This article was first published in the April 2018 China edition of Accounting and Business magazine.

The saying ‘Tidy desk, tidy mind’ is well known, but having an uncluttered workspace really does have a positive impact on productivity. From boosting efficiency to enhancing your professional image, there are many benefits to tidying up your desk. 

‘Having an organised workspace means less stress, higher efficiency and a better bottom line,’ says Georgina Wong, CEO of Asian Professional Organisers, who adds that research suggests workers waste an average of six weeks per year looking for information they have misplaced.

Nathalie Ricaud, professional organiser at Singapore-based Get Organised & Beyond, agrees. ‘Clutter makes it difficult to concentrate on the task at hand. It brings feelings of being overwhelmed and stressed, weighs us down and steals our energy,’ she says.

By contrast, Ricaud says the benefits of having an uncluttered workspace include better focus, reduced stress levels and a more professional image.

Organising gurus

The trend towards tidying has picked up speed in recent years, partly due to the prominence of organising gurus such as Japanese author Marie Kondo, whose book The Life-Changing Magic of Tidying Up was a New York Times bestseller, partly as a result of the minimalist movement and a shift towards embracing a simpler life.

Wong founded Asian Professional Organisers in 2012 and works in both Hong Kong and Singapore. She says the average number of enquiries she receives has risen threefold since she started, while business has doubled.

Kris Tan of Singapore-based The Declutter Professionals agrees. ‘For the last two years I have seen a rise in enquiries. Space is getting smaller. People are starting to realise that they have to face their clutter issues,’ she says.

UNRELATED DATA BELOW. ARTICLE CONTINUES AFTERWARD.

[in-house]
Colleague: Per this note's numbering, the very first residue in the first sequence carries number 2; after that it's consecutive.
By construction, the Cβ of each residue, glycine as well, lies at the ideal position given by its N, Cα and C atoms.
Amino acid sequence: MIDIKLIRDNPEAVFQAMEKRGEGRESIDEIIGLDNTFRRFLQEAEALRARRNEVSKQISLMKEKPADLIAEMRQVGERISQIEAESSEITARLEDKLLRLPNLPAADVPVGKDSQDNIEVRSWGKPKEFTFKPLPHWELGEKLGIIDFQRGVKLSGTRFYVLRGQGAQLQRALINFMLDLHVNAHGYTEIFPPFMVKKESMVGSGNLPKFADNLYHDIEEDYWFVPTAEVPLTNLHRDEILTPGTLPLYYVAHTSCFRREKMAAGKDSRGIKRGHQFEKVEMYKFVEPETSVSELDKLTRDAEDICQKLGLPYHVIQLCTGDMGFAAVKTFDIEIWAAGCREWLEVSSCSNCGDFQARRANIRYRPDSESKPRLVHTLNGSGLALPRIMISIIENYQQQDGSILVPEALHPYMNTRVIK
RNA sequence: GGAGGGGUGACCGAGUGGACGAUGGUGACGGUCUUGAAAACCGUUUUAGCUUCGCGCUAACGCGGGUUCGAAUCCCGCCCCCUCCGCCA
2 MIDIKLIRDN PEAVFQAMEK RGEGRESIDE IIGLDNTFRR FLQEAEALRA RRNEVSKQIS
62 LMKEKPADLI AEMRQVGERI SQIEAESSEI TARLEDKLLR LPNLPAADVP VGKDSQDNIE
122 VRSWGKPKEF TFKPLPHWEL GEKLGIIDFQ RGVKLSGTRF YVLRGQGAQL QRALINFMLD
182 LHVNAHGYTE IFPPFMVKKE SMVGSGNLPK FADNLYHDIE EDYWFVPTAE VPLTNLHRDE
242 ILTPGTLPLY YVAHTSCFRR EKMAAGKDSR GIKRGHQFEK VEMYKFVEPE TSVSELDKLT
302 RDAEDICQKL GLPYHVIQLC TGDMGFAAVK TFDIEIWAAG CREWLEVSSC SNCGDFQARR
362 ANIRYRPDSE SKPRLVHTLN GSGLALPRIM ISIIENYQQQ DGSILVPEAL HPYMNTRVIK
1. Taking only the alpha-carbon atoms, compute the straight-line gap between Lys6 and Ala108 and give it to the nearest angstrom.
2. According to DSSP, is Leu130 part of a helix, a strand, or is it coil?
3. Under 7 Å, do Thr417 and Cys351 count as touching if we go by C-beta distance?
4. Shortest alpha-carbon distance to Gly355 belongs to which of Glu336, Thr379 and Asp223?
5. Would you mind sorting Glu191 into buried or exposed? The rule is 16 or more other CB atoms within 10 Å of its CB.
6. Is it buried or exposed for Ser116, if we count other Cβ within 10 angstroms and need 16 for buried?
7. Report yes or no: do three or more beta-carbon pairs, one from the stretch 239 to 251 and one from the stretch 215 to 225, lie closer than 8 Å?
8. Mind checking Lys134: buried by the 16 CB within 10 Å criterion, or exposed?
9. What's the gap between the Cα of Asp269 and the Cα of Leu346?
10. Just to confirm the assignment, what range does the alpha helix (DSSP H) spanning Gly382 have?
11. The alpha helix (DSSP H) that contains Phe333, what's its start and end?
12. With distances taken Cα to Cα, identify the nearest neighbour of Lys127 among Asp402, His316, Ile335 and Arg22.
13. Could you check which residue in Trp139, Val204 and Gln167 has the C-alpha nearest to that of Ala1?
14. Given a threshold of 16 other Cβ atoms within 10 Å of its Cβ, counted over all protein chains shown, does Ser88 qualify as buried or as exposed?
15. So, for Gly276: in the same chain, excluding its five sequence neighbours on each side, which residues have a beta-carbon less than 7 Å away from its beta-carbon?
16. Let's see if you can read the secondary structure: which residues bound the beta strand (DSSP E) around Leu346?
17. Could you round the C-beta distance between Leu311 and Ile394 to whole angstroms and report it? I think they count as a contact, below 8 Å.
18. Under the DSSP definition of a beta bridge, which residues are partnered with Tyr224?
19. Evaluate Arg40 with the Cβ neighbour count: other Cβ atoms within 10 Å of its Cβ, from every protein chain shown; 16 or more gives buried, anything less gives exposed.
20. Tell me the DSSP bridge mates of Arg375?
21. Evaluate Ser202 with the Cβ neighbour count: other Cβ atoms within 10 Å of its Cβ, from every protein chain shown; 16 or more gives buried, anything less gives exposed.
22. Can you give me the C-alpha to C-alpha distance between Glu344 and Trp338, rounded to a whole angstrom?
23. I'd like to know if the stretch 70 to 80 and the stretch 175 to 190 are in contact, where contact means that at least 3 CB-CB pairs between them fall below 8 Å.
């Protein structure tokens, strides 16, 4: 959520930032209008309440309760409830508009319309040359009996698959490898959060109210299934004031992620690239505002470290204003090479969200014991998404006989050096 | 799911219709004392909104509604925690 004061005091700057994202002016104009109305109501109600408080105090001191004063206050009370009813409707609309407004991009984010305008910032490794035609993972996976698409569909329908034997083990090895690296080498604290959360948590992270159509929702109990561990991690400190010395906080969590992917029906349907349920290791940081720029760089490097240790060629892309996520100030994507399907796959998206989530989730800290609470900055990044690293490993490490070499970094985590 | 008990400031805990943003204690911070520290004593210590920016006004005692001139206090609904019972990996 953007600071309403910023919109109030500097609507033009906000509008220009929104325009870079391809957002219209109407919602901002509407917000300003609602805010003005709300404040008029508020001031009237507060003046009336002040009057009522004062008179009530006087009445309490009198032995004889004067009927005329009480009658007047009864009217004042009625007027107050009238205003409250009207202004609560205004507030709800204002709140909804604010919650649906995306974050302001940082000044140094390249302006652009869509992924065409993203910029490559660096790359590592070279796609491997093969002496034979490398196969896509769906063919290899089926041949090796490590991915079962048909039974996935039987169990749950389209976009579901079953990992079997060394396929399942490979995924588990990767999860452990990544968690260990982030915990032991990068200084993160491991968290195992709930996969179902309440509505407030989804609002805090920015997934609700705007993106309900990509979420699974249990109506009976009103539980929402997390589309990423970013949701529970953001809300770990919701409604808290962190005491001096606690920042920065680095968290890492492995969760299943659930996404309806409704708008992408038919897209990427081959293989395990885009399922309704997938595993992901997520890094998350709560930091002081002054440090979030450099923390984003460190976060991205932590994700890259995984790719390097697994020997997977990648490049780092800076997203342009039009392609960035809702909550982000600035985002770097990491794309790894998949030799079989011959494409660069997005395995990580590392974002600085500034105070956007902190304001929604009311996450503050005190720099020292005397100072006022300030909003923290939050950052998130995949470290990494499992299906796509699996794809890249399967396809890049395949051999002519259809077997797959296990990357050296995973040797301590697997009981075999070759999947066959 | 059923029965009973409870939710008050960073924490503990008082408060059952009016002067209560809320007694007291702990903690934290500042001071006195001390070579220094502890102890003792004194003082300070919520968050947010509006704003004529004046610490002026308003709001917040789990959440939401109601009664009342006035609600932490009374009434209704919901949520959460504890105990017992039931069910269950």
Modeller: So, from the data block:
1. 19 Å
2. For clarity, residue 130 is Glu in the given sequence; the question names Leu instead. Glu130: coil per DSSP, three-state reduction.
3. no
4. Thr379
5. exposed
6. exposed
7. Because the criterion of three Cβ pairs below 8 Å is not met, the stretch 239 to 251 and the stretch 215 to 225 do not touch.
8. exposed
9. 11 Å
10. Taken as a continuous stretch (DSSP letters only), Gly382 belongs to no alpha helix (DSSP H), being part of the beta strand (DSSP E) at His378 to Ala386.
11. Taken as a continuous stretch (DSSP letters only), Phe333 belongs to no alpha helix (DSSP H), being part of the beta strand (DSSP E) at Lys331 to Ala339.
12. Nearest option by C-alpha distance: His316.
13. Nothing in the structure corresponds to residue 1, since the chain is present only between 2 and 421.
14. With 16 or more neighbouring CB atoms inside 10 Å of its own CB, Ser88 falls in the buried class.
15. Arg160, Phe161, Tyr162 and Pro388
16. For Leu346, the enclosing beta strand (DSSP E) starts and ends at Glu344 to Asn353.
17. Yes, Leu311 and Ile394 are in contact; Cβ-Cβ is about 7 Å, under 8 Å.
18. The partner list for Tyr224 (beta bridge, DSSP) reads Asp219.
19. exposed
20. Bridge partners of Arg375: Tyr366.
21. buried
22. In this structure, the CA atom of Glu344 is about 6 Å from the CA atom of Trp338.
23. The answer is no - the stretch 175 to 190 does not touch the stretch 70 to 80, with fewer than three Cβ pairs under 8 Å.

But while many people want to organise their workspace, they often need external help to do so. Wong, whose services cost an average of S$400 for a minimum of three hours, uses the FAST method when helping people to declutter at work.

When processing paper, she advises clients to either Forward or delegate it, or Action it immediately, before Storing or scanning it for reference. It should be Trashed when it is finished with, if it is junk mail or if it has not been used for six months.

Wong advises people to treat their desk space as prime real estate. ‘Do as developers do and go vertical with stacked trays, such as “in”, “out”, “pending” and “to action”,’ she says. ‘Use magazine boxes to store paperwork upright and a cork or magnetic whiteboard to keep notes visible.’

She advises having a telephone handset on the left side of the desk (for the right-handed) to free up their right hand for note-taking. She also suggests using the deep drawer in an under-the-desk cabinet to store ongoing projects or paperwork in hanging files for fast retrieval. For digital clutter, Wong suggests creating broad categories in their email and folder structures, using sub-folders to try to ensure each file is no more than three clicks away.

For Ricaud, the first stage of the decluttering process involves bringing a large rubbish bag to your desk. She tells people to empty their desk of everything except their computer and telephone, throwing away whatever they do not need or is broken. Next, she suggests sorting the things they need to keep into categories, such as papers, pens, cables and chargers, and personal decorative items.